PIKAS – Ochotonidae



All pikas (PEE-kuhz) are similar in appearance, being small, compact mammals with large, round ears and short front and rear legs. They resemble guinea pigs in size and appearance, ranging in length from 5 to 12 inches (12.5 to 30.0 centimeters) and weighing 3.5 to 7 ounces (100 to 200 grams). Pikas lack a noticeable tail. They have long, soft fur that is usually gray or brown, often with red accents.


Pikas are found in the mountains of western North America, including Alaska and the Yukon, and the mountains and plains of central Asia, including the Himalayan and Ural mountain ranges. The countries they live in include Iran, Afghanistan, Pakistan, Nepal, Tibet, Bhutan, Russia, Japan, Mongolia, North Korea, and China.


Pikas are found in two distinct habitats. Some live among rocks and rocky areas. Others live in meadows, steppes (semiarid, grass-covered plains), shrubs and desert.


Pikas are herbivores, meaning they eat primarily plants.


Pikas are mainly diurnal, active during the day. An exception is the steppe pika, which is nocturnal, meaning it is most active at night. They have several types of social structure. Those that live in rocky areas of North America are unsocial, with males and females having separate territories and rarely interacting except to mate. Pikas in rocky areas of Asia live in pairs within a communal territory. Burrowing pikas, in contrast, are extremely social animals. Families of up to thirty individuals live within burrows and there are about ten family groups within a territory. There is much interaction between family members, including grooming, playing, and sleeping together.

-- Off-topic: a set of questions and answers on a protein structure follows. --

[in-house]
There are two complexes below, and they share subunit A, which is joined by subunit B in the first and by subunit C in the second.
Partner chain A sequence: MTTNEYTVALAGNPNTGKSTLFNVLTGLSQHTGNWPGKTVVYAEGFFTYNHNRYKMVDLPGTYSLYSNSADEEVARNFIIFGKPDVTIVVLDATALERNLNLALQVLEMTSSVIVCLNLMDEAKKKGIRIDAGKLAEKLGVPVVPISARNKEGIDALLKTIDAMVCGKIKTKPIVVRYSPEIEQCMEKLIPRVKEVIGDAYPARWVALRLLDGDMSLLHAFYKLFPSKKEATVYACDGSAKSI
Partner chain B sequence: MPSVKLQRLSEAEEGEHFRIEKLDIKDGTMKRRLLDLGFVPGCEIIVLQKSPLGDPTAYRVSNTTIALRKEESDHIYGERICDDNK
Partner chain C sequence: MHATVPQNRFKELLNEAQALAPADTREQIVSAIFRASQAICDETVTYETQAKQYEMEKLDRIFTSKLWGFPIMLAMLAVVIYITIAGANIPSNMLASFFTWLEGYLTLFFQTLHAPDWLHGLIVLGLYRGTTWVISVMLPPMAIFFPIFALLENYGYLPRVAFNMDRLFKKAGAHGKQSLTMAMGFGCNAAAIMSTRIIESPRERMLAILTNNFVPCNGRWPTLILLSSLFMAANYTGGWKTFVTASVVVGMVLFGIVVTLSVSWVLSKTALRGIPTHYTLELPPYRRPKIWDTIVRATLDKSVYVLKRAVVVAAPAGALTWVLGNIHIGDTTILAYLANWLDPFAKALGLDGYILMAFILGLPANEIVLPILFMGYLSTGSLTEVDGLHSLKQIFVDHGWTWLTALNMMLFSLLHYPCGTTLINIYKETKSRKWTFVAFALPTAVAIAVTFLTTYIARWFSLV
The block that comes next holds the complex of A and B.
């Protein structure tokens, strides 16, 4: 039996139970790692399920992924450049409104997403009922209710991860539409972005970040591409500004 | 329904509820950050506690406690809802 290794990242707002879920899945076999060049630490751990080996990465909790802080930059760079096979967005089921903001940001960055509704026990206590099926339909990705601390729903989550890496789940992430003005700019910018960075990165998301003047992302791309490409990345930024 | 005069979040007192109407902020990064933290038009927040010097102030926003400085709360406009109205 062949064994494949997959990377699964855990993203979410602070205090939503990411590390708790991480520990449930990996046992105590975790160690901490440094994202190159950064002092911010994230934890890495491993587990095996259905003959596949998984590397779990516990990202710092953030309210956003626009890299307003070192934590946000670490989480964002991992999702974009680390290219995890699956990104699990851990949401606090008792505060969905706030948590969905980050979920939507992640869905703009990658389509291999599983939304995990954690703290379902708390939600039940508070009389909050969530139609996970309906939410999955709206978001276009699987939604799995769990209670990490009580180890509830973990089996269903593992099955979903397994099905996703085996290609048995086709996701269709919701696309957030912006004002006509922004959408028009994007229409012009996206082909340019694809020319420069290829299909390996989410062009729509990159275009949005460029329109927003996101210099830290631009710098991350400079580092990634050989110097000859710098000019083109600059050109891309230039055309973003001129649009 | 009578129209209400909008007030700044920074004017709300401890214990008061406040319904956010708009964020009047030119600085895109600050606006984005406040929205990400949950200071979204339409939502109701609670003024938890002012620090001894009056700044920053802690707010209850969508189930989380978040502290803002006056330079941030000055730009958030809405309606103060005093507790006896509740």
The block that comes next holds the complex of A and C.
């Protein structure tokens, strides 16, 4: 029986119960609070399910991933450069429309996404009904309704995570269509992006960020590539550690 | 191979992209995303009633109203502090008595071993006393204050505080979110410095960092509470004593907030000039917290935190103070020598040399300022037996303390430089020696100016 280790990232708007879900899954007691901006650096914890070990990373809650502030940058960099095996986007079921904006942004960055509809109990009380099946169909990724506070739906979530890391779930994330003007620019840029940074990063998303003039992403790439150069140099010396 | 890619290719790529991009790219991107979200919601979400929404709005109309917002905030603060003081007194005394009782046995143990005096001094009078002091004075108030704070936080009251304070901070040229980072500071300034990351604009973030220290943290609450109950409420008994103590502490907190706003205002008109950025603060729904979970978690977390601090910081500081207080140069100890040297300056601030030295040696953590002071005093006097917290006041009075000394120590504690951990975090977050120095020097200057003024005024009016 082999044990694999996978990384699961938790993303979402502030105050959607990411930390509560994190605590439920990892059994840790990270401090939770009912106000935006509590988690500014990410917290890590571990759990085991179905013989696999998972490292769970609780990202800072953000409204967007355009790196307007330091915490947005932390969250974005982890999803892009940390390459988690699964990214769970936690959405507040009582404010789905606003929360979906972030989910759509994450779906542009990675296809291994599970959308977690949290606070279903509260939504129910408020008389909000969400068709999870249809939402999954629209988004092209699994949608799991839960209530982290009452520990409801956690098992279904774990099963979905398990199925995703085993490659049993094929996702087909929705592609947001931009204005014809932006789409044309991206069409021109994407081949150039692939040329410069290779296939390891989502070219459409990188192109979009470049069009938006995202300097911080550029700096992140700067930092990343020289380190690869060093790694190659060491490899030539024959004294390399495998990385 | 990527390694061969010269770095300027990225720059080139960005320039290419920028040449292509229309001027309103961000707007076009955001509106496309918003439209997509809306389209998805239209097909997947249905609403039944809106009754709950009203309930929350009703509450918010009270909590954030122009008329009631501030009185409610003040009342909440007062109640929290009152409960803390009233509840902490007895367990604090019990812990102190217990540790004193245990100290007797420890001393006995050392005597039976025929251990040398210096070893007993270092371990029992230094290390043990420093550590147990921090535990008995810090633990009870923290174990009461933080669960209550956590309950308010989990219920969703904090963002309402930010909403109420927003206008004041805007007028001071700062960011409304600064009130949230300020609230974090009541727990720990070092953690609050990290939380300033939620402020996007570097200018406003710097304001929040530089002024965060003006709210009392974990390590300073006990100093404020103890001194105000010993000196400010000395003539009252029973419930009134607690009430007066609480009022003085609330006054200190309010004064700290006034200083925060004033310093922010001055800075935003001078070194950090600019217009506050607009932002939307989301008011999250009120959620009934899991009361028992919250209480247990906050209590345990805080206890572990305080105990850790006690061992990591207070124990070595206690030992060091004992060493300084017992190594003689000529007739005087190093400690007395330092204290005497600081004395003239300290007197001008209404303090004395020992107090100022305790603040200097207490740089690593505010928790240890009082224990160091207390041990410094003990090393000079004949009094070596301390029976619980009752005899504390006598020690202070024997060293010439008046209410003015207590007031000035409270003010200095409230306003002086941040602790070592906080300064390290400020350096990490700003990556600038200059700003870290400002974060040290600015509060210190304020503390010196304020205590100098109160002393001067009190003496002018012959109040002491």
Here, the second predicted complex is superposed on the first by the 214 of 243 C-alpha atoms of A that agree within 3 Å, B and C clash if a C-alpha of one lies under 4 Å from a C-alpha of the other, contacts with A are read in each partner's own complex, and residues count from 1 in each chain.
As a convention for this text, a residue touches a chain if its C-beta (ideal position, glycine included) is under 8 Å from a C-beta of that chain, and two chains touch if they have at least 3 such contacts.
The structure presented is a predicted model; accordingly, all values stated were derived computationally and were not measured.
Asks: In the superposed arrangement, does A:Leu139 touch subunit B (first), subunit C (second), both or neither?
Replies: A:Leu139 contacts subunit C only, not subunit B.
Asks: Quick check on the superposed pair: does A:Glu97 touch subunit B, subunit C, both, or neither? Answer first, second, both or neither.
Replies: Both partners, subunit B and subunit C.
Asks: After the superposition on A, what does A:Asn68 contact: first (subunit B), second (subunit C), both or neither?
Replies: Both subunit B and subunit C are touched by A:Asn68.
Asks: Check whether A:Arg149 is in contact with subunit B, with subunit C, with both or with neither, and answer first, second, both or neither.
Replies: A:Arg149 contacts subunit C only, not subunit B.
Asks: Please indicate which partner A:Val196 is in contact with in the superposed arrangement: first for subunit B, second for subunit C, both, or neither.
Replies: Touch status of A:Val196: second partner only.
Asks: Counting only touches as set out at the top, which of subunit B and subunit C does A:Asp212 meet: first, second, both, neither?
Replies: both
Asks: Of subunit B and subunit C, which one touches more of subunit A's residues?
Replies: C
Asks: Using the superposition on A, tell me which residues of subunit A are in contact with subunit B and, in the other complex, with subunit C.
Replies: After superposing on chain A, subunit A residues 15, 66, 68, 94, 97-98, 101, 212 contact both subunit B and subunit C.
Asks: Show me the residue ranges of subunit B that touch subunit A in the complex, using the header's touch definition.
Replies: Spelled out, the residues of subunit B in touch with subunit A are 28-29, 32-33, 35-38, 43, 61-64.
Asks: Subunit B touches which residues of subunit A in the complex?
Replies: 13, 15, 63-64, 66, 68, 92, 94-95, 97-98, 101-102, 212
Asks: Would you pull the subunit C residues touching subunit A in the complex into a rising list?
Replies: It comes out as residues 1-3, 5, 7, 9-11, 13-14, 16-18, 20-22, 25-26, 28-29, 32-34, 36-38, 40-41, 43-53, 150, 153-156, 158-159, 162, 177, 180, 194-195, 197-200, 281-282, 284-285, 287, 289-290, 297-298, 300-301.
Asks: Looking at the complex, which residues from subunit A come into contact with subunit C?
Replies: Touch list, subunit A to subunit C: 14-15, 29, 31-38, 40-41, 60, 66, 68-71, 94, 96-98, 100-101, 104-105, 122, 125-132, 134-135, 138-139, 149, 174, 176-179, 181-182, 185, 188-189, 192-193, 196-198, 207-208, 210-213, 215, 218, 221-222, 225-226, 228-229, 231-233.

Pikas breed in the spring, with peak breeding occurring in May and early June. Female pikas reach sexual maturity as early as twenty-one days of age. The gestation, or pregnancy, period is about thirty days. Litters consist of one to thirteen babies and are cared for exclusively by the mother. Females breed for a second time shortly after the first litter is born and usually produce a second litter before the end of summer. Some pika species can have as many as five litters per years, including the Afghan pika, with each litter having up to eleven babies. Pikas are born blind and nearly hairless but grow quickly, reaching adult size in forty to fifty days.

Pikas have a keen sense of sight and hearing, which helps them detect predators, such as weasels, hawks, eagles, and owls. When a pika feels threatened, it issues a loud, shrill, alarm bark and nearby pikas immediately hide in their burrows or in rock crevices. The one exception is when a weasel is detected, the pika remains silent, since the small weasel can follow pikas into their hiding places. Pikas live an average of one to two years and more rarely, four to six years in the wild.


Pikas have little economic importance to humans. They are too small to be used as food, although they are sometimes hunted for their fur, particularly in China. Pikas are sometimes considered agricultural pests and killed by farmers.


Four species of pika are listed by the World Conservation Union (IUCN) as Critically Endangered, facing an extremely high risk of extinction, dying out, in the wild; four species are listed as Endangered, facing a very high risk of extinction; and ten species are listed as Vulnerable, facing a high risk of extinction. One species, the Sardinian pika is considered Extinct.